The day the SAAF nearly killed Jan Smuts

Not a lot of people know this, but the South African Air Force (SAAF) nearly killed General Jan Smuts in a ‘Blue on Blue’ incident – military speak for when you fire on your own forces. The incident also says a lot of Jan Smuts’ character – so what happened?

Prior to the war, Oswald Pirow was the Defence Minister under the Hertzog regime, he was also a key player in the establishment of South African Airways (SAA). As an ardent supporter of Nazi Germany and the Nazi cause himself he had a keen relationship with Nazi Germany. He toured Germany on military inspections, also buying German military hardware on a number of occasions. As a result both SAA and the SAAF at the beginning of the war found themselves equipped with German-made aircraft.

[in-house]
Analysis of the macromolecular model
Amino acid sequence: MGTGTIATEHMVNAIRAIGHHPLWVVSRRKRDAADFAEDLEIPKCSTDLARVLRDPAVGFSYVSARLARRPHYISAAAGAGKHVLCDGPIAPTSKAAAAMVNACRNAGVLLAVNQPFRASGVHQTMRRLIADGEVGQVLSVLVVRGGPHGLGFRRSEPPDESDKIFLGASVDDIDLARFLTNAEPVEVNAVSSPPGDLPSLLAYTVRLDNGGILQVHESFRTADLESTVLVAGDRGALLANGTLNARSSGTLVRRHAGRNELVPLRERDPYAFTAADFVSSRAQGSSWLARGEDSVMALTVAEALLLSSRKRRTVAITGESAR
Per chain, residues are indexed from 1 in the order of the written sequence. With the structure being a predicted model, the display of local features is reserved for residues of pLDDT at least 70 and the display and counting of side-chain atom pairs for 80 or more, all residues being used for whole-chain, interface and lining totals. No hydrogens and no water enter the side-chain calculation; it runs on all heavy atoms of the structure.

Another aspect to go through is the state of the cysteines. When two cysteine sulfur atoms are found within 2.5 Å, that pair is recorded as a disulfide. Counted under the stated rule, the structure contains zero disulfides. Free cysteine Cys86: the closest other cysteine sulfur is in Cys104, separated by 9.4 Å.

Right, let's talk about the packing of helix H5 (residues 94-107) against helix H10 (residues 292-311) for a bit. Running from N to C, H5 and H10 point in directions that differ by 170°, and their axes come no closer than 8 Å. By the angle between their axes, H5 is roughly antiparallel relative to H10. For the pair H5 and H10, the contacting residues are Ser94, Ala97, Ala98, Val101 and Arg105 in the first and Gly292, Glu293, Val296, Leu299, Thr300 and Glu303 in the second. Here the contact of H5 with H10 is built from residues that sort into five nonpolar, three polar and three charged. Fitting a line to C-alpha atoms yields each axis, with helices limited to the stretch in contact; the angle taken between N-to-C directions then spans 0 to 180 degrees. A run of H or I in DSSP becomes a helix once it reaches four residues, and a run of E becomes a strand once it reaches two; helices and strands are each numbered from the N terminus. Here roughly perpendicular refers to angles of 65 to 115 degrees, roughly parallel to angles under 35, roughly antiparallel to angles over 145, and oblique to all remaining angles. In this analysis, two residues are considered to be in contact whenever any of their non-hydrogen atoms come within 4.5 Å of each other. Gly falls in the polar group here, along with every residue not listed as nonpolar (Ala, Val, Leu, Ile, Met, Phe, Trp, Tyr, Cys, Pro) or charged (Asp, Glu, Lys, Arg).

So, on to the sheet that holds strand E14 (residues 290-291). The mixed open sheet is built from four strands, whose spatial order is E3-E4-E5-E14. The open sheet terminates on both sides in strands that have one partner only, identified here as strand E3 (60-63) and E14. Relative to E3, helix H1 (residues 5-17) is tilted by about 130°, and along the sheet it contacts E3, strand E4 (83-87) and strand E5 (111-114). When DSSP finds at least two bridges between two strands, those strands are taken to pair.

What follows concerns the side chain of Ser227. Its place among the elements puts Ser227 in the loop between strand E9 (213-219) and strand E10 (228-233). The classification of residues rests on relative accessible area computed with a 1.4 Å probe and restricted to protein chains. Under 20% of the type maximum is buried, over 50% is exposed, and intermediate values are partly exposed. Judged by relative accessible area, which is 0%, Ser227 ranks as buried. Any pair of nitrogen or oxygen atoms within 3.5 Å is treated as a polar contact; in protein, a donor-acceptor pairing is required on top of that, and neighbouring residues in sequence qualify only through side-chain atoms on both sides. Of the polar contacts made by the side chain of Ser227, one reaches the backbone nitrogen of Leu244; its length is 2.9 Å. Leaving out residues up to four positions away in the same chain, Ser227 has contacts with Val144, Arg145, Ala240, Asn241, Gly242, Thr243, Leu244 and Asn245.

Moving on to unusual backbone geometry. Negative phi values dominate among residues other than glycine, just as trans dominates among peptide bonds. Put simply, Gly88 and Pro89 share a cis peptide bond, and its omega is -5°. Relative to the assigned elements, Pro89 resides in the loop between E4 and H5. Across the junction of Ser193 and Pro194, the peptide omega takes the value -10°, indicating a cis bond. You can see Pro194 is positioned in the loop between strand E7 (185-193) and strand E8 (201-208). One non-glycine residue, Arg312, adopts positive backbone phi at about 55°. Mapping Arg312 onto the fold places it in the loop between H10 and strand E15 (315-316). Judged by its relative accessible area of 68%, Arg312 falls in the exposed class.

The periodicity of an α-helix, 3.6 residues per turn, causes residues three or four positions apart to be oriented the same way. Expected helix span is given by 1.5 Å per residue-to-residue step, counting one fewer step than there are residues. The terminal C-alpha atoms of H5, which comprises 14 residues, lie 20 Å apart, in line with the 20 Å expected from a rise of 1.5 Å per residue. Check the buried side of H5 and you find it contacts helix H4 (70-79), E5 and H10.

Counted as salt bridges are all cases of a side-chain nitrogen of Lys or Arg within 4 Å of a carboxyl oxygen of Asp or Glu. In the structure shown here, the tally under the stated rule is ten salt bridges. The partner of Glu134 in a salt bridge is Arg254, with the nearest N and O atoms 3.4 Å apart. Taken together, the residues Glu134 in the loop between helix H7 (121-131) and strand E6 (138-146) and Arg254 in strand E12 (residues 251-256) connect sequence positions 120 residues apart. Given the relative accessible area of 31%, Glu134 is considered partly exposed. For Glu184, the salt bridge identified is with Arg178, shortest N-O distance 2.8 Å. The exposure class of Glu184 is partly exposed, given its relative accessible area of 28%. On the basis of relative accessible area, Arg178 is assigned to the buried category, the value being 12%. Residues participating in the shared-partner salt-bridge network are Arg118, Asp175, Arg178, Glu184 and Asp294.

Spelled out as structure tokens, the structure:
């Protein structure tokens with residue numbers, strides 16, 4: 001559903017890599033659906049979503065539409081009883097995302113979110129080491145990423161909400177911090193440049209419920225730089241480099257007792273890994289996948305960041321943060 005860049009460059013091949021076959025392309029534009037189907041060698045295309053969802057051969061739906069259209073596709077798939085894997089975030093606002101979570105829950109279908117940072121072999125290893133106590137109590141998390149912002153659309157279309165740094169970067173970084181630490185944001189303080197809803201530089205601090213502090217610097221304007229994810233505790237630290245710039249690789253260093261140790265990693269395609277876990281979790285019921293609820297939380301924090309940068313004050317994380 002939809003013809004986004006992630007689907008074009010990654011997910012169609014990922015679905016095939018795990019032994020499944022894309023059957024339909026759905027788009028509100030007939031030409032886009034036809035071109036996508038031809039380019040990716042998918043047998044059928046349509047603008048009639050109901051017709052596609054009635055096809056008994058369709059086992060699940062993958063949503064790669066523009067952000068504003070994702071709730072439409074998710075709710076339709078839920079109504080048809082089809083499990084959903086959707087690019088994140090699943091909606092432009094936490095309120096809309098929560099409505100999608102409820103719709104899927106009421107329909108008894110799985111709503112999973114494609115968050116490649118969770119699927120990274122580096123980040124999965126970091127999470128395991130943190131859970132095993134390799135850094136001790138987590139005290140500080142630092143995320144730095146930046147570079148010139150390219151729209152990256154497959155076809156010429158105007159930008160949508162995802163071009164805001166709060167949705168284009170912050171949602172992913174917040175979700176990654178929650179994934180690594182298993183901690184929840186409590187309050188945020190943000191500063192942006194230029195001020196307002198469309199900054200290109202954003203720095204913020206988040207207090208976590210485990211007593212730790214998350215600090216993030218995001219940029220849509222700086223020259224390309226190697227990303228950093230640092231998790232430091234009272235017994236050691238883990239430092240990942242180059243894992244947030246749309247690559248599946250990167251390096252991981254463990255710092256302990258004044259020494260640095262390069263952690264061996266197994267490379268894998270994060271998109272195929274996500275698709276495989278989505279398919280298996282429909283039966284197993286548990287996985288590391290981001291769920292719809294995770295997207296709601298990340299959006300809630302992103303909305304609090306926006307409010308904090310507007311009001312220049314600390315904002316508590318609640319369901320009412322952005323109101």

One particular aircraft was a German-made bomber made by Junkers, and it was used by both Axis forces in World War 2 and by South African forces – it was the Ju-86. The difference between the two were slight adaptations and markings.

The Royal Air Force’s 100th Birthday and its founder – Jan Smuts

If you enter the Royal Air Force club located at 128 Piccadilly, London you are greeted in the foyer by a famous South African statesman – Jan Smuts. A bust of Jan Smuts stands at the entrance, and for very good reason – he founded the Royal Air Force, an Air Force which turned 100 years old on the 1st April 2018.